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In praise of litigation

Author: Alexandra D Lahav
Publisher: New York, NY : Oxford University Press, [2017]
Edition/Format:   Print book : EnglishView all editions and formats
Summary:
It is not difficult to find critics of America's famously litigious society. We have more lawyers per capita than anywhere else. Critics say we are unmatched in our willingness to sue, pointing to anecdotes of frivolous suits such as a man who sued his drycleaner over a pair of pants or parents who sued a school when their son broke his leg going down a slide head first. The critics contend that the primary
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Document Type: Book
All Authors / Contributors: Alexandra D Lahav
ISBN: 9780199380800 0199380805
OCLC Number: 956435296
Description: xiv, 214 pages ; 25 cm
Contents: Introduction : A force for democracy --
Enforcing the law --
The power of information --
Participation in self-government --
Equality before the law --
Epilogue.
Responsibility: Alexandra Lahav.

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In Praise of Litigation explains how civil society gains from litigation and why it is ultimately a social good.  Read more...

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The central message of In Praise of Litigation is a powerful one: the benefits of lawsuits (and the harms from improperly restricting them) go far beyond the parties and their lawyers. The book is a Read more...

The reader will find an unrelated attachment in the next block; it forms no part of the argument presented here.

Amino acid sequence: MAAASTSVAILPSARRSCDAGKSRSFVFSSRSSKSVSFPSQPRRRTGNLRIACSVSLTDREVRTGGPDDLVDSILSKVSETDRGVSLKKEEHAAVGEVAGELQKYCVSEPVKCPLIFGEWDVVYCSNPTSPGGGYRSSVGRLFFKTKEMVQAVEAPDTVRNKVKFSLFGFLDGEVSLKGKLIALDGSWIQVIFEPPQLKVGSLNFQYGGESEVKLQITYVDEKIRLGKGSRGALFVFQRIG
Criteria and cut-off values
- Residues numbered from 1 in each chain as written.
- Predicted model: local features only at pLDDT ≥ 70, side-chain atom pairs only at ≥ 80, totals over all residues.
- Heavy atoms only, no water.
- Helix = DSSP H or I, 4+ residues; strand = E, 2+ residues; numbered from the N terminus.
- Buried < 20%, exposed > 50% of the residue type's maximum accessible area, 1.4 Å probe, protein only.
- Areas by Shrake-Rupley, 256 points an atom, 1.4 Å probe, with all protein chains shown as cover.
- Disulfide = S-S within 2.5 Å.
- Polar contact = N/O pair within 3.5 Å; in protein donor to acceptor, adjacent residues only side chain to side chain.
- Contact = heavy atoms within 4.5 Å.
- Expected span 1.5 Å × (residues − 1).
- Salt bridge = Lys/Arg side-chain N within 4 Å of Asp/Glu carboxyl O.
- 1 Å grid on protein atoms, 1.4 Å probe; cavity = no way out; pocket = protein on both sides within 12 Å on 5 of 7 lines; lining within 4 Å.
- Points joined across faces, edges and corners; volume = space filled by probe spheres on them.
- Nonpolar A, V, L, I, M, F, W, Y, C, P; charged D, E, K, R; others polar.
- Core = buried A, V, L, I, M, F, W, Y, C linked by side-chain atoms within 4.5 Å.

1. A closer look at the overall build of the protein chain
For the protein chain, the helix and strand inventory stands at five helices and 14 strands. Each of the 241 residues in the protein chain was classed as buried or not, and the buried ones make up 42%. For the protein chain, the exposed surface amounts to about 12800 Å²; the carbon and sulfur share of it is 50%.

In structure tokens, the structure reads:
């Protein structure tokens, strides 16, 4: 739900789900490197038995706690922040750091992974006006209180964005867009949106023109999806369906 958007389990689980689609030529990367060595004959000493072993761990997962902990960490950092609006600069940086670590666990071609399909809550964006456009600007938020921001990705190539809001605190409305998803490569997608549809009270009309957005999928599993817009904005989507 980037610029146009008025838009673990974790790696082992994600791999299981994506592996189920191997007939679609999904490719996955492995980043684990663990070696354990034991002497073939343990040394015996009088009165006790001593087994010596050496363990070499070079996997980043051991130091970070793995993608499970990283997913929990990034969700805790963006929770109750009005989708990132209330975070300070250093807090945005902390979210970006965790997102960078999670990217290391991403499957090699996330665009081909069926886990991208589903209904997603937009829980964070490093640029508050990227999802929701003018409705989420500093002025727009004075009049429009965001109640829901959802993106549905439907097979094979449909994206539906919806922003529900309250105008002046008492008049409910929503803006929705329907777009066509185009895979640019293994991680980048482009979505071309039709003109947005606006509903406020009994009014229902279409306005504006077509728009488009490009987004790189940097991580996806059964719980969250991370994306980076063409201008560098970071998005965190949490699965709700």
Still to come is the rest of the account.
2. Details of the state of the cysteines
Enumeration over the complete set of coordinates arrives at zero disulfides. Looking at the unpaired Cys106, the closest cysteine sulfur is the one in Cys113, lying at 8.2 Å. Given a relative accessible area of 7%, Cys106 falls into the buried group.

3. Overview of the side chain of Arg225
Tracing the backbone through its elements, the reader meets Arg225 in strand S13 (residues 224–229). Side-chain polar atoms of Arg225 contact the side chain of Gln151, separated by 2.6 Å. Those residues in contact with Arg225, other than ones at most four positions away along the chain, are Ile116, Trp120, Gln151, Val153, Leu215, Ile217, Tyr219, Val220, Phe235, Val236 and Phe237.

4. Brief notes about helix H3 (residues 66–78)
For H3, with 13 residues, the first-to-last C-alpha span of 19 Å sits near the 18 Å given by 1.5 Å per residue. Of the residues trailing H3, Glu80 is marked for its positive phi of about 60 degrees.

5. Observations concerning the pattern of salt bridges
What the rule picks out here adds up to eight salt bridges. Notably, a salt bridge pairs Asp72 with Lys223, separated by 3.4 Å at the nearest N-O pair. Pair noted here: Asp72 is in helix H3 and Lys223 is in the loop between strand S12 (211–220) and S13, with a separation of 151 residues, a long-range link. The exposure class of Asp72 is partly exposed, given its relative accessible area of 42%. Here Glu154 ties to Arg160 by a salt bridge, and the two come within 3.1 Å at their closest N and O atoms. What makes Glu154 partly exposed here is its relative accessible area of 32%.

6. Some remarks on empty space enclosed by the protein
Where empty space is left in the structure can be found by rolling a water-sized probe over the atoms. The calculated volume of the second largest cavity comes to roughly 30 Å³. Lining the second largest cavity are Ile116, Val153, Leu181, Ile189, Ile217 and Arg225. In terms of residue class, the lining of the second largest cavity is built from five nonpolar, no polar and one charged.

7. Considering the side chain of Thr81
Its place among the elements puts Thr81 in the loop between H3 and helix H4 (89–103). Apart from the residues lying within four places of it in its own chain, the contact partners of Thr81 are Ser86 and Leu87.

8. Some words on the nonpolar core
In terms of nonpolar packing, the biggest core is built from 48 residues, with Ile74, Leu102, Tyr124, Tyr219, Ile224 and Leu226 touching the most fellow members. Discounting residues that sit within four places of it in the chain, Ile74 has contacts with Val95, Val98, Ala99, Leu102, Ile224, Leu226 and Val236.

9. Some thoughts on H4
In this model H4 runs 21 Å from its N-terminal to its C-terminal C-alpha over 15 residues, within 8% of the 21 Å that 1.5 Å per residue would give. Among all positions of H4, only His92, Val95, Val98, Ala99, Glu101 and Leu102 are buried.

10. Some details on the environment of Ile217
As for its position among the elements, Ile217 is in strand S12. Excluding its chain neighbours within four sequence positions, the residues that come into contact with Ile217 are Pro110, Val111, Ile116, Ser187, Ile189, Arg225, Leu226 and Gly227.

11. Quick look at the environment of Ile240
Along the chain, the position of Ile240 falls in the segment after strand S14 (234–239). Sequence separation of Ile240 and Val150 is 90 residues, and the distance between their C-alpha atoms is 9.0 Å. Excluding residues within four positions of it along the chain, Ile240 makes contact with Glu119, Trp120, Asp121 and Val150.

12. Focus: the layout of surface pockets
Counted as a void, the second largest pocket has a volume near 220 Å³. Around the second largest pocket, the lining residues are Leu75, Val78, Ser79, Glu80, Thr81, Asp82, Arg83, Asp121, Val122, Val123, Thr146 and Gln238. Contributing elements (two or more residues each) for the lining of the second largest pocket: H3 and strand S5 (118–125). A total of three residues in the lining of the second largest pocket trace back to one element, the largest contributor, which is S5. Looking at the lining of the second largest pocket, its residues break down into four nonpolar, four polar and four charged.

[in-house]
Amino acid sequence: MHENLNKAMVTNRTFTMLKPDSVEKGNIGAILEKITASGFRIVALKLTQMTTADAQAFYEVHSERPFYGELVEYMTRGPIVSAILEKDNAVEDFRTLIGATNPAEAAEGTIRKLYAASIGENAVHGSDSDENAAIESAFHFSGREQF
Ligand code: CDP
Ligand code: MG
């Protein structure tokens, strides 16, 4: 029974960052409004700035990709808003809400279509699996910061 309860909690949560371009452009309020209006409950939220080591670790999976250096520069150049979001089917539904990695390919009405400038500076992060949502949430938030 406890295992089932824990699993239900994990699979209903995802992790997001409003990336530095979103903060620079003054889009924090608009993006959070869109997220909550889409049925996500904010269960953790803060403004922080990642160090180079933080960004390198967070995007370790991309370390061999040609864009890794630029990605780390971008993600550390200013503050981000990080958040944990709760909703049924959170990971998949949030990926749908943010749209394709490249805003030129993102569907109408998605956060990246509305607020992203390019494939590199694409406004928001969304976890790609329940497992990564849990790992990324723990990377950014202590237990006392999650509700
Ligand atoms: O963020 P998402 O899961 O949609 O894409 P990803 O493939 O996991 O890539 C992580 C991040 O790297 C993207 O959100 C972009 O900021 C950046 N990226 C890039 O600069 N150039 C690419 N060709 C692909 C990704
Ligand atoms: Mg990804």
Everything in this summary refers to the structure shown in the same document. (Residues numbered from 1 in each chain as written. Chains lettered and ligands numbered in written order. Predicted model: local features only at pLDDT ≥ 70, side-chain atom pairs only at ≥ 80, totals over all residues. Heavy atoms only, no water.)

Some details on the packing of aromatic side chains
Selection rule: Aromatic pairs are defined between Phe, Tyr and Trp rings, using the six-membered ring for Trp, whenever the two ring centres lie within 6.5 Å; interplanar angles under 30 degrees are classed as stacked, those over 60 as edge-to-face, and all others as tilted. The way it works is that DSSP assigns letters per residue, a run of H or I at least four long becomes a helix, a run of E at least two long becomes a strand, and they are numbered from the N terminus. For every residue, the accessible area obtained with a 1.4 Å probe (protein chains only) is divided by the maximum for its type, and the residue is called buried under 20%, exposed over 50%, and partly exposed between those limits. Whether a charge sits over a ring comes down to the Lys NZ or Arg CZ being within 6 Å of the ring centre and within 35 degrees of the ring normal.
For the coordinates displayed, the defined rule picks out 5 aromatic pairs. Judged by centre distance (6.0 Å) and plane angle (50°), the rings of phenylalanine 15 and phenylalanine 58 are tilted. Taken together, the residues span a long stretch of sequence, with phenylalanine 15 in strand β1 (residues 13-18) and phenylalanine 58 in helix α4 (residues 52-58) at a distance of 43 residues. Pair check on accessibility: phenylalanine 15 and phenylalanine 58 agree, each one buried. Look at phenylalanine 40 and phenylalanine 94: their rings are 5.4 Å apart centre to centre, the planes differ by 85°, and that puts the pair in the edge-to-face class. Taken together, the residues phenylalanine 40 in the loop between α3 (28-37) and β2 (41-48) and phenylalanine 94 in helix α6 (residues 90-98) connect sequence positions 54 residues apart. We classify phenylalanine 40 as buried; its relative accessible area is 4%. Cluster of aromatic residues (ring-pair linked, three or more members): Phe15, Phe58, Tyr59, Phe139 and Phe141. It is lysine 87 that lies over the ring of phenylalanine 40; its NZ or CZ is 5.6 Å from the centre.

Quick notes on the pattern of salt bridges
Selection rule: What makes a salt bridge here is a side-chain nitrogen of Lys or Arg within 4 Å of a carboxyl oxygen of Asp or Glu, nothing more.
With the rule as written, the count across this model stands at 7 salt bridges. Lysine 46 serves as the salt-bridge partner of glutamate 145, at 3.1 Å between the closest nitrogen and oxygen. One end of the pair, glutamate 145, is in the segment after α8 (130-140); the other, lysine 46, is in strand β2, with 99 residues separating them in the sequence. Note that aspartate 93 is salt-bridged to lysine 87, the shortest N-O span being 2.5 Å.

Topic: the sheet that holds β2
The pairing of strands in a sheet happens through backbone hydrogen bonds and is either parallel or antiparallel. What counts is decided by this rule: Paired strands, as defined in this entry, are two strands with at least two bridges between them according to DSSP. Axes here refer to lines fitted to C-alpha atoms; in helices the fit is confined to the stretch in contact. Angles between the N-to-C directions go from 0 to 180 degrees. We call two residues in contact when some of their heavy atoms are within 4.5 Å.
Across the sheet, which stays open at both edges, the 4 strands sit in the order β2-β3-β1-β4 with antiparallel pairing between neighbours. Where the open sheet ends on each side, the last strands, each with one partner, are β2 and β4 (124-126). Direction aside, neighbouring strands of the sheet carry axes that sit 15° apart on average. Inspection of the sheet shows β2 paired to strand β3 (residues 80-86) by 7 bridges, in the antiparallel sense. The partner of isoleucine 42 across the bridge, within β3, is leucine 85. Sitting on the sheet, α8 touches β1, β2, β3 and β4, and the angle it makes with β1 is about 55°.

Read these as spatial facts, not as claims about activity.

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   schema:description "It is not difficult to find critics of America's famously litigious society. We have more lawyers per capita than anywhere else. Critics say we are unmatched in our willingness to sue, pointing to anecdotes of frivolous suits such as a man who sued his drycleaner over a pair of pants or parents who sued a school when their son broke his leg going down a slide head first. The critics contend that the primary beneficiaries of litigation are attorneys themselves, and that the main effect of excessive litigiousness is reduced business innovation. The tort reform movement that they champion-dedicated to limiting the reach of lawsuits and in some cases eliminating certain types of suits altogether-has become a powerful force in America politics and law. The tort reform movement has had some real successes in limiting what can reach the courts, but there have been victims too. As Alexandra Lahav shows, it has become increasingly difficult for ordinary people to enforce their rights. In the grand scale of lawsuits, actually crazy or bogus lawsuits constitute a tiny minority ; in fact, most anecdotes turn out to be misrepresentations of what actually happened. In In Praise of Litigation, Lahav argues that critics are blinded to the many benefits of lawsuits. The majority of lawsuits promote equality before the law, transparency, and accountability. Our ability to go to court is a sign of our strength as a society and enables us to both participate in and reinforce the rule of law. In addition, joining lawsuits gives citizens direct access to governmental officials-judges-who can hear their arguments about issues central to our democracy, including the proper extent of police power and the ability of all people to vote. It is at least arguable that lawsuits have helped spur major social changes in arenas like race relations and marriage rights, as well as made products safer and forced wrongdoers to answer for their conduct. In this defense, Lahav does not ignore the obvious drawbacks to litigiousness. It is expensive, stressful, and time consuming. Certainly, sensible reforms could make the system better. However, many of the proposals that have been adopted and are currently on the table seek only to solve problems that do not exist or to make it harder for citizens to defend their rights and to enforce the law. This is not the answer. In Praise of Litigation offers a level-headed and law-based assessment of the state of litigation in America as well as a number of practical steps that can be taken to ensure citizens have the right to defend themselves against wrongs while not odiously infringing on the rights of others. "--"@en ;
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